Mr & Mrs Smith: this totally charming spy caper is what happens when you put two incredible actors together
I recently viewed the movie La La Land, which was released in 2016. I believe that the best approach to watching highly debated films is to do so several years after their initial release, such as in the year 2031 when I plan on watching Barbie.
Additionally, the chemistry between Emma Stone and Ryan Gosling in the movie is truly remarkable. Their exceptional acting skills certainly contribute to their dynamic on-screen presence, with Gosling being a masterful line-reader and Stone continuously choosing great projects. The way they interact with each other is electrifying and unmatched by any other recent on-screen pairings. It’s not just their physical attractiveness that draws viewers in, but also their playful banter and effortless charm. One can easily envision them having explosive arguments just as much as living together happily in love, similar to the beloved Nick-Jess relationship that lasted seven seasons on New Girl.
I believe that Hollywood should dedicate a month every January to testing their actors and greenlighting any potential pairings in order to increase the availability of the rare resource of chemistry. Despite my numerous emails, Netflix and other major studios have failed to respond to this suggestion.
The miniseries version of the 2005 movie Mr & Mrs Smith, starring Angelina Jolie and Brad Pitt, will be released on Prime Video on February 2nd. Some may argue that the chemistry between the two leads was too strong in the original film. Co-creator and showrunner Francesca Sloane acknowledged this in an open letter, stating that the series may not be necessary in a culture filled with remakes. However, the involvement of Donald Glover and Hiro Murai, as well as the captivating chemistry between the leads, elevates the show to a clever and textured level beyond its simple premise of spies with domestic responsibilities.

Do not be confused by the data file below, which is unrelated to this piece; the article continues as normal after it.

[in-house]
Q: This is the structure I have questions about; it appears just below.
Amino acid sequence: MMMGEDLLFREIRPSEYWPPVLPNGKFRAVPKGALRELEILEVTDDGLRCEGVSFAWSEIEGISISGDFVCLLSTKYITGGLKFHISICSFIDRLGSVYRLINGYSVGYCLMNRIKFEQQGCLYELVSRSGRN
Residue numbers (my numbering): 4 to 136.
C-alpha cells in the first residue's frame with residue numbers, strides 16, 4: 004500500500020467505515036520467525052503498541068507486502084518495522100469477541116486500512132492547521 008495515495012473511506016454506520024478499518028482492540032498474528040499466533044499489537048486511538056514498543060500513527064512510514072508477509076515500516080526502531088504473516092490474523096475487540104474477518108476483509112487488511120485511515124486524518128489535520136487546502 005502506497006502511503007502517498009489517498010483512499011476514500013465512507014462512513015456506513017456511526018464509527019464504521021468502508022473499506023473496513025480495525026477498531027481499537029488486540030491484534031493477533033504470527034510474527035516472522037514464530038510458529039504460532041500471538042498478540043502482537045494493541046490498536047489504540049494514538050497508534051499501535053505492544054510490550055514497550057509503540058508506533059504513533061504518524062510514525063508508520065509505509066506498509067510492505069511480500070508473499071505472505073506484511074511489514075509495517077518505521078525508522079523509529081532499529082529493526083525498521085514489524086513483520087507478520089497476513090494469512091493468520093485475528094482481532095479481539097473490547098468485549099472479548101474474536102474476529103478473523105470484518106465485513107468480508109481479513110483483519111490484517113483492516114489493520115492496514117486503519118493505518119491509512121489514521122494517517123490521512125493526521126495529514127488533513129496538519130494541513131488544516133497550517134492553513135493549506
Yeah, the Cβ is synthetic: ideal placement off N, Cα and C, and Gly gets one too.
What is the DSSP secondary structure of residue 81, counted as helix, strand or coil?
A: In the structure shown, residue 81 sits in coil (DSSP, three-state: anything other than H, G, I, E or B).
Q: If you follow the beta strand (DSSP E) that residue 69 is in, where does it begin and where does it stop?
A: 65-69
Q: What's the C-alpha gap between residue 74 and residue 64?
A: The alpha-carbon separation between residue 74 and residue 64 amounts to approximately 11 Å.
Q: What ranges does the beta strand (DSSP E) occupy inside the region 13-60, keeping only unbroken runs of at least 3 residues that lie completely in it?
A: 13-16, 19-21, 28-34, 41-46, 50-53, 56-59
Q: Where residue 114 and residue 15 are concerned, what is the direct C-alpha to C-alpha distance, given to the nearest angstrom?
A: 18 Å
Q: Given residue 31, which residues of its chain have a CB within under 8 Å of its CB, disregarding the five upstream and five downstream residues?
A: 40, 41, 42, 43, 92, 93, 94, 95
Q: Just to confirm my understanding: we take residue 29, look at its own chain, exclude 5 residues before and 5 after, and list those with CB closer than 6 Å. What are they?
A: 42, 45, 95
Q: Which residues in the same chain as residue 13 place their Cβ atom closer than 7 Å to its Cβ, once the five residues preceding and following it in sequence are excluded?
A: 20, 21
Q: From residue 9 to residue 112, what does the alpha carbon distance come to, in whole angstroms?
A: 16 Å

The pairing consists of Glover, known for his work in “everything”, and Maya Erskine from PEN15. Originally, Phoebe Waller-Bridge was supposed to play the role of Jolie, but due to production issues, Erskine was given the opportunity. Both Glover and Waller-Bridge have had successful TV careers and signed significant contracts with Prime Video. The first episode follows the two spies as they navigate a mission in New York City, getting to know each other and chasing a suspect through busy city streets. Together, they deliver an excellent performance.
The movie is enjoyable without being overly simplistic, the dialogue is engaging without being cheesy, and there are some exciting spy scenes. It is filmed from interesting angles, the lead actor, Glover, gives a great performance as usual, and there are some impressive guest appearances (John Turturro, Sharon Horgan, and Paul Dano) that add to the glamour while the main plot slowly unfolds. There is definitely something sneaky or deceiving happening, but I am so captivated by the action in the brownstone that I keep getting sidetracked.
Sometimes spy stuff can be a bit exhausting – yeah mate, you’re talking into your wrist while sprinting full pelt through Euston station, I think I may have rumbled your cover there – especially when every bullet hits first time, every jump out of a window ends in an elegant landing, every hack is successful in the nick of time and every outlandish think-fast wheeze works out for the best. The Smiths, refreshingly, keep mucking up, and the show is better for it. There are set pieces I’ve never seen before, and the car chases always seem as if they might actually end in a crash, and the scenes between the pair are given enough space to breathe so they can bicker and flirt without having to say: “Go. Now!” And chase someone up some stairs. It’s an ancient formula – “what if two actors were really good together on screen?” But it’s astonishing how little it gets used. Hopefully the studios ignoring my emails will simply watch this and take note.